Securities Regulation Daily CFTC moves full steam ahead with 2018 virtual currency activities
Thursday, January 4, 2018

CFTC moves full steam ahead with 2018 virtual currency activities

By Brad Rosen, J.D.

CFTC Chairman J. Christopher Giancarlo and the commission are wasting no time in moving forward with an aggressive virtual currency related agenda for 2018. The chairman announced that the Market Risk Advisory Committee (MRAC) will be meeting on January 31st to specifically consider the hot topic of self-certification of new products. This meeting will follow the Technology Advisory Committee (TAC) meeting scheduled for January 23rd where market developments around virtual currencies will be considered. Contemporaneously, the commission also issued a backgrounder on its oversight of and approach to virtual currency futures markets.

Among federal regulators, Chairman Giancarlo has spoken with a decisive, clear and distinct voice with respect to the rapidly expanding cryptocurrency markets. He noted, "[o]ne thing is certain: ignoring virtual currency trading will not make it go away. Nor is it a responsible regulatory strategy. The CFTC has an important role to play. The CFTC seeks to promote responsible innovation and development that is consistent with its statutory mission to enhance derivative trading markets and to prohibit fraud and manipulation in connection with commodities in interstate commerce."

MRAC and TAC. Both the MRAC and TAC meetings will garner significant attention from futures industry watchers, as well as from those in the cryptocurrency communities. The MRAC meeting represents one of the first major initiatives from Rostin Behnam, the newest member to join the commission and the committee’s designated sponsor. Behnam stated, "[w]ith the rapid development of financial technology products—including cryptocurrencies—and the corresponding demand for new and novel price discovery and risk management tools, the CFTC is poised to utilize its authority and expertise to ensure that the markets we oversee innovate responsibly within an appropriate oversight framework."

The meeting comes at an opportune time, as it will consider the process of self-certification of new products and operational rules by Designated Contract Markets (DCMs). The self-certification process played a key role in the rollout of futures contracts at the CME and CBOE Futures Exchange (CFE) in December of 2016. In the aftermath of those product launches, that self-certification process was questioned and criticized by the FIA in an open letter to Chairman Giancarlo. Although the self-certification process remains a topic of some controversy within the industry, Commissioner Behnam observed, "I believe this is a perfect time for the MRAC to discuss the application of the CFTC's self-certification process in today's quickly evolving, technology driven marketplace."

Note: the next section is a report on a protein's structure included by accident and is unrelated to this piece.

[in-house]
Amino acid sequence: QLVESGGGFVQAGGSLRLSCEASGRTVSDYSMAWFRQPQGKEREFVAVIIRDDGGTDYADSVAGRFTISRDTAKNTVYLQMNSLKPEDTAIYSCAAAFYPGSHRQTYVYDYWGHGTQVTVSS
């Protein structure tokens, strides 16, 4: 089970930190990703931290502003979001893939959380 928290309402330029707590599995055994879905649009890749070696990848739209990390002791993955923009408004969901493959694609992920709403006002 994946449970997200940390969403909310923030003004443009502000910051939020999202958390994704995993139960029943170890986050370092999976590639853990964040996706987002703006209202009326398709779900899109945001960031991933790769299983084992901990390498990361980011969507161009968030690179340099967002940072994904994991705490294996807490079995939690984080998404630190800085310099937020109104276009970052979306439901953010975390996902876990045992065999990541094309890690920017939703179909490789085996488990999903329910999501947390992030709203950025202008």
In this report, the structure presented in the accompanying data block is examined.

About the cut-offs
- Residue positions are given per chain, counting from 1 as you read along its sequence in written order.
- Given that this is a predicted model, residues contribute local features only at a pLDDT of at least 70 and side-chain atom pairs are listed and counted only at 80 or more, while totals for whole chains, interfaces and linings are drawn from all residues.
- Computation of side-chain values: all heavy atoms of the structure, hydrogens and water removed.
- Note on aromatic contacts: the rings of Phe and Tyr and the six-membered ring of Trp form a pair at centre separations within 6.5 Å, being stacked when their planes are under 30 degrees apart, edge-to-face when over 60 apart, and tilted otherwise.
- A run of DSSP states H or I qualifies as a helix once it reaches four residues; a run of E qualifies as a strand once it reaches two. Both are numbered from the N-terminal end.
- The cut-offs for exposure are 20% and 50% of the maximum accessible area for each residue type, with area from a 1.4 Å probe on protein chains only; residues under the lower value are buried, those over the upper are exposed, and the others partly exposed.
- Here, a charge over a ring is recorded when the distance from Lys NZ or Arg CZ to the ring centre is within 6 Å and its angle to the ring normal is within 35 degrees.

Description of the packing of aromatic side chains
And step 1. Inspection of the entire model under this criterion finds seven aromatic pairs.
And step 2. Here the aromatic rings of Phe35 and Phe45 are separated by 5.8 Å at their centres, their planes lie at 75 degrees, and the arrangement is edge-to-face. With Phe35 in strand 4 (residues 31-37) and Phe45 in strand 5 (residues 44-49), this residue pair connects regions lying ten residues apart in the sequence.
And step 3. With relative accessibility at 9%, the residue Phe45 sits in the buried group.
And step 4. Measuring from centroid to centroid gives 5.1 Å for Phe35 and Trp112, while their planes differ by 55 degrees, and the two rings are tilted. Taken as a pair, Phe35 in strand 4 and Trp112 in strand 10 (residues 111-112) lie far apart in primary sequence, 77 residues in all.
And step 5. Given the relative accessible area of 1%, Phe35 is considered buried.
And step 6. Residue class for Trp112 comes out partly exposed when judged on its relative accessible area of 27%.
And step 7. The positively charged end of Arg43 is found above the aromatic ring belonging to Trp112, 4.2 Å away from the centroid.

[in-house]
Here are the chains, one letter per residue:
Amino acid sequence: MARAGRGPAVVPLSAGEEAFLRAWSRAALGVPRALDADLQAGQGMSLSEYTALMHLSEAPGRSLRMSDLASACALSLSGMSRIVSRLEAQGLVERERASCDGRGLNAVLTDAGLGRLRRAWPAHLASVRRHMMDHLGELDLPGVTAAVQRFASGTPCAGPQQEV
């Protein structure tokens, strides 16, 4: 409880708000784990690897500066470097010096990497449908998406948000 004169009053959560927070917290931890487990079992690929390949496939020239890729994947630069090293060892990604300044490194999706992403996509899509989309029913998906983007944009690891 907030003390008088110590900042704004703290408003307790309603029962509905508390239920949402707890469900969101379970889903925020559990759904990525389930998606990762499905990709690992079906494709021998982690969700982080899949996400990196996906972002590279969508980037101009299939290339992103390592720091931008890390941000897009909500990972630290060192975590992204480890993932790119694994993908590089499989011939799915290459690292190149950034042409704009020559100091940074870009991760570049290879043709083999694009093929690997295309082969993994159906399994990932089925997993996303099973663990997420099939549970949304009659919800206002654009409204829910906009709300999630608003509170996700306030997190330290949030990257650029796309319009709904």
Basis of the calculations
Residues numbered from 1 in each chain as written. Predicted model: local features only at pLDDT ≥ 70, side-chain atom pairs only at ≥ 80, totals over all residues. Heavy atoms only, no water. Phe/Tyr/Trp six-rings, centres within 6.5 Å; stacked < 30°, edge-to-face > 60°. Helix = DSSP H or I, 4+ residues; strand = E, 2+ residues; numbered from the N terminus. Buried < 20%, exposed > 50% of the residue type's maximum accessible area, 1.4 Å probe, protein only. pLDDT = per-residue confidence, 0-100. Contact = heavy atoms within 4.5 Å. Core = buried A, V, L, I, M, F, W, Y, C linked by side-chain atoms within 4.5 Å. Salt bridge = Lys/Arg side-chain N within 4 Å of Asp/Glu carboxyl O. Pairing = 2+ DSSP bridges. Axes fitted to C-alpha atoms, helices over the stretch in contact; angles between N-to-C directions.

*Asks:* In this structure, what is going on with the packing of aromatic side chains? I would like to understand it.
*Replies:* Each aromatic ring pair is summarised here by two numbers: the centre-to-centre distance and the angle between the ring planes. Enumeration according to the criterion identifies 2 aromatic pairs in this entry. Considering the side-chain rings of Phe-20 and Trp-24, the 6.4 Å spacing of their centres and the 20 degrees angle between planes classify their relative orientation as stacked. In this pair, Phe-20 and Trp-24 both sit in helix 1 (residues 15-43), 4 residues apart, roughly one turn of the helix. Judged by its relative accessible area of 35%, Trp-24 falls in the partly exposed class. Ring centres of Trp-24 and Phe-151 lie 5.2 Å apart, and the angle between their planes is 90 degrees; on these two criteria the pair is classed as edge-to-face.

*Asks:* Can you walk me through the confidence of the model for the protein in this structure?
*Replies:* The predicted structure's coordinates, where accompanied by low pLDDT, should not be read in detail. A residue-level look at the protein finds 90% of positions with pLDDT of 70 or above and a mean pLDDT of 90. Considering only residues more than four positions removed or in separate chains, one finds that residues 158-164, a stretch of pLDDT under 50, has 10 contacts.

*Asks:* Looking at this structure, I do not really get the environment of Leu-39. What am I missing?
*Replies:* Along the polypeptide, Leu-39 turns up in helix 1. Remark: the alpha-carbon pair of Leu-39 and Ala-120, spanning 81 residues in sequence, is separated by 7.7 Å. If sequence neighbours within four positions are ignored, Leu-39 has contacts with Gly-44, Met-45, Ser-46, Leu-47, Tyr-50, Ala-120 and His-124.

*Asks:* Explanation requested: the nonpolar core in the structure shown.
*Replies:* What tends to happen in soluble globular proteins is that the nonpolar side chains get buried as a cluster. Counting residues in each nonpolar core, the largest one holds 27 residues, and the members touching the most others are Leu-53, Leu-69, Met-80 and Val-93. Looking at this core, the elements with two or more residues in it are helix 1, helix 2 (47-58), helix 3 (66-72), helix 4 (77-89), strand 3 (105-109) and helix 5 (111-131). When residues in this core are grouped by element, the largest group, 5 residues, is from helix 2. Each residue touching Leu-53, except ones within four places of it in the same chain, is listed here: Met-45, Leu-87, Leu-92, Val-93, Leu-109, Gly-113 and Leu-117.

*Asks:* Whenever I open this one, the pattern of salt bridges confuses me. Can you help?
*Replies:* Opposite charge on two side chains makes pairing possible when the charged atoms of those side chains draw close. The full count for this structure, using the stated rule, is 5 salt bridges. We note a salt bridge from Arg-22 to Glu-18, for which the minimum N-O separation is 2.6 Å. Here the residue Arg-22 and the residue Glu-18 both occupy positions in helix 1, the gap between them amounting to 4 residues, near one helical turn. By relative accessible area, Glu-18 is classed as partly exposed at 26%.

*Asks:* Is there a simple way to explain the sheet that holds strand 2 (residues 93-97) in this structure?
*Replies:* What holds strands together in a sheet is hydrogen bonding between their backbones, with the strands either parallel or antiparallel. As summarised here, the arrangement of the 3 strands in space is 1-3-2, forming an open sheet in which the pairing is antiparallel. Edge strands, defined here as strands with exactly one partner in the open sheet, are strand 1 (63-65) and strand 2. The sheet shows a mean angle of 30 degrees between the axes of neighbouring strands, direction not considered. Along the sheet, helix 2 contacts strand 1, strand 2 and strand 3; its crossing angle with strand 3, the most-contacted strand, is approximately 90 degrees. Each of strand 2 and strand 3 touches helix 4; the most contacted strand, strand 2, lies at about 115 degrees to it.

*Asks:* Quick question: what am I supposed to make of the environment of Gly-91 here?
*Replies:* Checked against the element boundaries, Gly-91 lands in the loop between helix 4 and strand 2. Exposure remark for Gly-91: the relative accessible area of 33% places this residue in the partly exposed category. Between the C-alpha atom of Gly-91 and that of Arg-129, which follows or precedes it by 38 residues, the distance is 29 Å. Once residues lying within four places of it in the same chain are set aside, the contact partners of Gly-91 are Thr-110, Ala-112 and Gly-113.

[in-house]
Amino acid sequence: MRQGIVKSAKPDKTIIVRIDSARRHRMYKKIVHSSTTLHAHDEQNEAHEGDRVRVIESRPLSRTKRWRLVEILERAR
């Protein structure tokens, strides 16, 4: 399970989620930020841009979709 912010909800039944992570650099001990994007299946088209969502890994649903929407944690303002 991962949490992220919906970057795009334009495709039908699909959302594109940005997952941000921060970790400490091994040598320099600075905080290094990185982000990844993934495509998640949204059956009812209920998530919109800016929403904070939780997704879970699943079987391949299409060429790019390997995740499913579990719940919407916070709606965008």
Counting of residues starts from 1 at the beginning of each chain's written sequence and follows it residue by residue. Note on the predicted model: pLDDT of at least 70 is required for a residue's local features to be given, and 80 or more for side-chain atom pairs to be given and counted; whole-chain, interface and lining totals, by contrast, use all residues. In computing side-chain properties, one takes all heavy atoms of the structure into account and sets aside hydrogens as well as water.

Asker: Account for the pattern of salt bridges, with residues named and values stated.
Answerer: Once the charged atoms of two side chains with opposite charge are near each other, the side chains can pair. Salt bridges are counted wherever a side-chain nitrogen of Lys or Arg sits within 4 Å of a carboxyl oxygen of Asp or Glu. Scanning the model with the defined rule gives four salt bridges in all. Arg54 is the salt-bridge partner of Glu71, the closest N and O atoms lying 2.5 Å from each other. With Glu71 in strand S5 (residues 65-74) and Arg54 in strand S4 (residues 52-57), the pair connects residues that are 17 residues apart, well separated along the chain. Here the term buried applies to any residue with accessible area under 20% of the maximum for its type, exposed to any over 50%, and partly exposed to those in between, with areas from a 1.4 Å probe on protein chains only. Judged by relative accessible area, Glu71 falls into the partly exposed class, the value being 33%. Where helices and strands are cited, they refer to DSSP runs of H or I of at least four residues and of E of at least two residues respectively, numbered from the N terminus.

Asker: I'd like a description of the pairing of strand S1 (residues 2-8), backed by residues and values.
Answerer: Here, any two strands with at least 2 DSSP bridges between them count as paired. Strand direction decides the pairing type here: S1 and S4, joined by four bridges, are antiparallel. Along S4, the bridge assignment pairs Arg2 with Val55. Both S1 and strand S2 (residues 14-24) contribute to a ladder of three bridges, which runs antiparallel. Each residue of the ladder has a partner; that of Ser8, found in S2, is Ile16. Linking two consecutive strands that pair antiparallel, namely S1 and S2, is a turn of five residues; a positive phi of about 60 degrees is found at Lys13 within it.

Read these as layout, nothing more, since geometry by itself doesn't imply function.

The TAC meeting on January 23rd will also attract interest. The committee has been dormant for some time and is being revived under the sponsorship of Commissioner Brian Quitenz. That meeting will also consider related challenges, opportunities, and market developments surrounding virtual currencies.

CFTC Backgrounder. The CFTC Backgrounder on Oversight of and Approach to Virtual Currency Futures Markets is intended to provide additional clarity with regard to the following:

  • federal oversight of and jurisdiction over virtual currencies;
  • the CFTC’s approach to regulation of virtual currencies;
  • the self-certification process generally, as well as the recent self-certification of new contracts for bitcoin futures products by designated contract markets (DCMs);
  • background on the CFTC’s "heightened review" for virtual currency contracts; and
  • a discussion of the constituencies the CFTC believes could be impacted by virtual currency futures.

In his concluding remarks, Chairman Giancarlo observed, "[t]he responsible regulatory response to virtual currencies is consumer education, asserting CFTC authority, surveilling trading in derivative and spot markets, prosecuting fraud, abuse, manipulation and false solicitation and active coordination with fellow regulators. The CFTC has been following this course of action and will continue to do so."

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